Technical writers wear a lot of hats. That almost goes without saying. And yet, I said it. We are called upon to have “jack of all trades” qualities that stretch into the domains of information design, quality assurance and testing, marketing, and more. There are splashes of business analysis (oftentimes more than splashes), and creativity, lightweight programming, and definitely time management planning.
It takes a natural curiosity and desire to learn to be a successful tech writer, and anyone without significant attention to the details that matter won’t get far. Getting bogged down in minutiae and useless side-work won’t do you any good, but the meat and potatoes – the grammar and syntax, the user understanding – that is where the rubber meets the road.
This is why I call out the question. Are you a user advocate? If you don’t approach all your technical writing as a pathway to advocate for your reader, you are likely missing a great opportunity.
Start with Help Content. Everything from software applications to mobile phone instructions beg for a rich help content guide for users. Without a doubt, users come to the Help when they have a pain point. They are either brand-new, looking to get up and running, or they have hit a snag, and they want to get back at it. There’s no time to waste, so getting the Help right is crucial.
The only way to draft an exceptional Help Content section is to think like your reader, and advocate for her. “What would annoy me most? How can I fix that? What would make me happy? What is the simplest path forward?” When you answer these questions, you write good (even great) Help.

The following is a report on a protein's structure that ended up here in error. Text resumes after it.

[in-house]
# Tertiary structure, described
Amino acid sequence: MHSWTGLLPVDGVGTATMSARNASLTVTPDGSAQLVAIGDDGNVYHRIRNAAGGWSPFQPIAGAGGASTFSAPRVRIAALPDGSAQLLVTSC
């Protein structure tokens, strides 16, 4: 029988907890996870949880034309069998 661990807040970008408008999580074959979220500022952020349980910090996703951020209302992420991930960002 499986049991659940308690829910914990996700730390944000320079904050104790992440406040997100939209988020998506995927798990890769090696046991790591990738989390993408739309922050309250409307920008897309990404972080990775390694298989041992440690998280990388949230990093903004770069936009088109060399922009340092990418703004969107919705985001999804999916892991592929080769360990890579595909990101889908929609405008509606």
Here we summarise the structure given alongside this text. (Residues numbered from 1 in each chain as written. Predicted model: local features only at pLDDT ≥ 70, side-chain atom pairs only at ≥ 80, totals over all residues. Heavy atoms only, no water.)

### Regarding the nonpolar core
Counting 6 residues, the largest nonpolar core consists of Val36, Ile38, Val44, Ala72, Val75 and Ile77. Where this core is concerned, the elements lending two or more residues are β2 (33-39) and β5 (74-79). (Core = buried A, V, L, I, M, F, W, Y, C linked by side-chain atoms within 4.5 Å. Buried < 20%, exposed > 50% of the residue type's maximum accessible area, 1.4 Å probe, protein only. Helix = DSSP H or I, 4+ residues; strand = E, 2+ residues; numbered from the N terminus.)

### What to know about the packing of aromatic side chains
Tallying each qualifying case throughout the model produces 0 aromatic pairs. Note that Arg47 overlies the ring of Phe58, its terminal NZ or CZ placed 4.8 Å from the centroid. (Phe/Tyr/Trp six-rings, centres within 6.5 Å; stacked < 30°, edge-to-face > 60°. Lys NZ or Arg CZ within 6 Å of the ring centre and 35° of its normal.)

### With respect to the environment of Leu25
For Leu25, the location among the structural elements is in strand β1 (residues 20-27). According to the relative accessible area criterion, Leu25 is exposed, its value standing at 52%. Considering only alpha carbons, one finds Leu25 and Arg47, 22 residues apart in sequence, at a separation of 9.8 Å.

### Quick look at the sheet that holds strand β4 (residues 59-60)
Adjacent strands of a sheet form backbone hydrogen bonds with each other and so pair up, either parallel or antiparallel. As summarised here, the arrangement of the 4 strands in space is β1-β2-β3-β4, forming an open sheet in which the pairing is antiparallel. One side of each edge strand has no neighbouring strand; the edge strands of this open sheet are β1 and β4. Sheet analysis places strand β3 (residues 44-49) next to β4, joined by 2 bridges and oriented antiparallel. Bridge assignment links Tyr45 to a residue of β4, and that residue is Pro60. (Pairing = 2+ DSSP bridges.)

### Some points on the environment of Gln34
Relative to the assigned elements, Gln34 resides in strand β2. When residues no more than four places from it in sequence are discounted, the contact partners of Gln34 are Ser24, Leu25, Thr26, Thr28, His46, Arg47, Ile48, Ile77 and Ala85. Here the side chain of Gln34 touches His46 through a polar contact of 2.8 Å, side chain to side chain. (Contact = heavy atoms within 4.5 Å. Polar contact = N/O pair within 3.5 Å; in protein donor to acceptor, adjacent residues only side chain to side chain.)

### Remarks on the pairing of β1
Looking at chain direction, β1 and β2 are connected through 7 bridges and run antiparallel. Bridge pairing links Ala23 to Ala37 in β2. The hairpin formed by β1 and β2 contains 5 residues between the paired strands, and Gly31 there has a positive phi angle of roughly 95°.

Process Modeling is another area where advocating for your users is what puts you over the top. Remember that there are users out there who thrive on the IKEA diagram style of directions for process, just a simple picture show-and-tell, but there are also those of us who totally cannot follow those drawings and are utterly lost from page one. To advocate for both sets of learning styles, a good tech writer will layer-in a smattering of both, covering the bases visually and linguistically with a seamless pairing.
If conveying information to users in a way that meets their needs means adding flow charts or tables, then model that process from end-to-end and put yourself in your user’s shoes. It works every time.
Rinse and Reuse is a motto I’ve lived by as a user advocate. Many writers and managers call this “single sourcing” but that is just a fancier way to say, “if you wrote it well the first time, don’t write it again.” Walk yourself through the user’s journey, and if there is another place to use your elegantly written prose, do that. Familiarity doesn’t breed contempt, it breeds comfort. A user feels heard and recognized when he sees the same comforting words again. He feels knowledgeable. Wise. Learned. So, rinse off your documentation, excerpt it, use it again. Either link back to the original or include a whole page. It’s comfy.
Design like a trainer. User advocacy in technical writing means, in large part, thinking like a teacher. We never want a reader to feel like we are being condescending of course, but we do want to be on the journey with him, teaching him as we go. Incorporating good text design, like a lesson plan, is absolute user advocacy. Good teachers seek to elevate their students to a new level of accomplishment, and good tech writers should seek the same outcome for their readers. Have you noticed how much friendlier installation and process documentation has become? There’s a reason for that. Just as teachers no longer scold kids with a ruler to the hand, tech writers have softened their approach as well. It’s about elevating the experience, not just imparting the information.
Do these fit well and match my outfit?
By and large, if you put yourself in your reader’s shoes and ask yourself, “Do these fit well and match my outfit?” then you have begun the advocacy path to technical writing. More simply put, write like your reader, and speak up for her. You’ll improve your product, your outcome, and you will, at the end of the day, be a much-improved technical writer.